From Horsecars to Streamliners By Alan Lind Over 400 illustration HARD COVER
From Horsecars to Streamliners By Alan Lind Over 400 illustration HARD COVER
From Horsecars to Streamliners By Alan Lind Over 400 illustration HARD COVER
From Horsecars to Streamliners By Alan Lind Over 400 illustration HARD COVER

From Horsecars to Streamliners By Alan Lind Over 400 illustration HARD COVER

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From Horsecars to Streamliners By Alan Lind Over 400 illustration HARD COVER
 
From Horsecars to Streamliners By Alan Lind  400 pages over 400 illustrations  index  annotated list of vehicles built  St Louis Car Company
BINDING IS LOOSE FROM BACK COVER - SEE PHOTOS
HARD COVER
For nine decades a steady stream of vehicles flowed out the doors of a small factory on the north edge of St. Louis. Products of the St. Louis Car Company, they were destined to all parts of the United States and to many parts of the world. Horsecars, cable cars, and primitive electric streetcars were among the first products, followed by thousands of interurban cars, subway cars, trolley buses, and main line passenger and freight cars.
St. Louis Car Company quickly developed a reputation as The Quality Shops.- It also grew to be a leader in its field in terms of the number and variety of its products.
Since it was not unusual for a St. Louis-built car to run for 30 years or more, it was possible to see standard car types built many decades apart operating in the same city. For example, a large fleet of St. Louis-built narrow-gauge city streetcars roamed the streets of Los Angeles, sharing some dual-gauge track with standard-gauge interurban cars built by SLCC for the Pacific Electric.
In Chicago, handsome wooden "Palace" type cars of the early 1900s shared the streets with streamlined "Blue Devil" PCC streetcars, both types built by St. Louis Car Co. Pittsburgh and Philadelphia had large fleets of PCC cars built by St. Louis, and Toronto had the largest number of PCC cars of all - 745 - virtually all of which were built by SLCC. More than half of these cars are still in operation today, and are an important reason why Toronto is acknowledged to have the finest public transportation system in North America.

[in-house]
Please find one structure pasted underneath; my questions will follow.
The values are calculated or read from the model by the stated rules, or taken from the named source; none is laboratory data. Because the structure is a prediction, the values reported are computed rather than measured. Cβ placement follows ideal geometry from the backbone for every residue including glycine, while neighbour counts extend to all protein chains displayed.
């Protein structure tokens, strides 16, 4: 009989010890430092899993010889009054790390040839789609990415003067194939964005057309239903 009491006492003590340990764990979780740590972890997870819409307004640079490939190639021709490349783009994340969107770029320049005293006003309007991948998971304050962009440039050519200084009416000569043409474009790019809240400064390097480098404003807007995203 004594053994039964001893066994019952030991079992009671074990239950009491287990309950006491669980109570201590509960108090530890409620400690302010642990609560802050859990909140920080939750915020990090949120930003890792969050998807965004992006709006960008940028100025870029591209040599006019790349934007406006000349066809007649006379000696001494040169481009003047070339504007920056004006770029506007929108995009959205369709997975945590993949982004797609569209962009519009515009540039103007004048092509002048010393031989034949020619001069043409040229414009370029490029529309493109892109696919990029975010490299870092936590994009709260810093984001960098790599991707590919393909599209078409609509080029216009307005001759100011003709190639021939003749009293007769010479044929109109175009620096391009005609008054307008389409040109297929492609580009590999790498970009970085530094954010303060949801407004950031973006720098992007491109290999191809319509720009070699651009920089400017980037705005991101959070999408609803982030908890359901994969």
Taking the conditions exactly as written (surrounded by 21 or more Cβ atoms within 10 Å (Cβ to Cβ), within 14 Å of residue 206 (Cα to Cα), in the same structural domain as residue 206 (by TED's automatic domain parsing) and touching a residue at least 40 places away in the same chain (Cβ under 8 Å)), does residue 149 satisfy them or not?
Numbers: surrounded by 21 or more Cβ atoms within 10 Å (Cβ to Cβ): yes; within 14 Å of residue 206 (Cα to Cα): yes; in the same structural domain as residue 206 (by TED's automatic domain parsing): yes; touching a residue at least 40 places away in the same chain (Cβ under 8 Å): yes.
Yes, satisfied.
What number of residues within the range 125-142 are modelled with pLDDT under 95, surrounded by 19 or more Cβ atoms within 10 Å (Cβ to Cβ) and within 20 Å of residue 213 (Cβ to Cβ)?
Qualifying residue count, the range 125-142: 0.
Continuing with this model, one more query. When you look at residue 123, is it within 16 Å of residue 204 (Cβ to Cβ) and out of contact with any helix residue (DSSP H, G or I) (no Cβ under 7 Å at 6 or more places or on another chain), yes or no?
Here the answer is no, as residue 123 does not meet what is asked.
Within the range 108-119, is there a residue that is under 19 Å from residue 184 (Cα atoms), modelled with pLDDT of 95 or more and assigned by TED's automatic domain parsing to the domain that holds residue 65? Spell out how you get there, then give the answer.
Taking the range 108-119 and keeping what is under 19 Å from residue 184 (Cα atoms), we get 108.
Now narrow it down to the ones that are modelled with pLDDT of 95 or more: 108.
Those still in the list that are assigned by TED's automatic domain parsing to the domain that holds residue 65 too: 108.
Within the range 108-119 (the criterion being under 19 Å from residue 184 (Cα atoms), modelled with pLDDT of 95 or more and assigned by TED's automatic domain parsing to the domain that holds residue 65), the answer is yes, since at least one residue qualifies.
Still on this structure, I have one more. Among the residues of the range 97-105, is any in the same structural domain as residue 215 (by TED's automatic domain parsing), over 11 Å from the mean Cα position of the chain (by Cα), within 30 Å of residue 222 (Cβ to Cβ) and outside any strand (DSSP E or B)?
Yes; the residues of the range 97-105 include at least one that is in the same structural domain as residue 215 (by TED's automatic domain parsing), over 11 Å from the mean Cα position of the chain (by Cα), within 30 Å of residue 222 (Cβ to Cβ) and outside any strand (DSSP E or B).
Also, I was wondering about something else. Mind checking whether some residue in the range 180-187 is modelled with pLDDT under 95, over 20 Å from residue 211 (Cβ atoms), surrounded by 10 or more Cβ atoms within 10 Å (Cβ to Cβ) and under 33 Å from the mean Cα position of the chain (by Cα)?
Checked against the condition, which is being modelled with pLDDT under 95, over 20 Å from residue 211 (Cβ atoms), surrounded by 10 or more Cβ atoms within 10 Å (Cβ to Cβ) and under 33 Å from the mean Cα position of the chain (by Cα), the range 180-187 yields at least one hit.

While St. Louis Car Company was primarily a builder of railroad and urban public transportation cars, it also built gasoline and electrically-powered buses, aircraft, automobiles, boats, and other vehicles. The Company converted to nearly 100 per cent military production during both World Wars, building thousands of vehicles for wartime use. To a lesser degree it furnished military materiel during the Korean War.
Although fairly small in physical and financial size, St. Louis Car Co. dominated important market segments: the lightweight car of the 1920s, the PCC car of the 1930s and 1940s. and the New York City rapid transit car market in the years after World War II.

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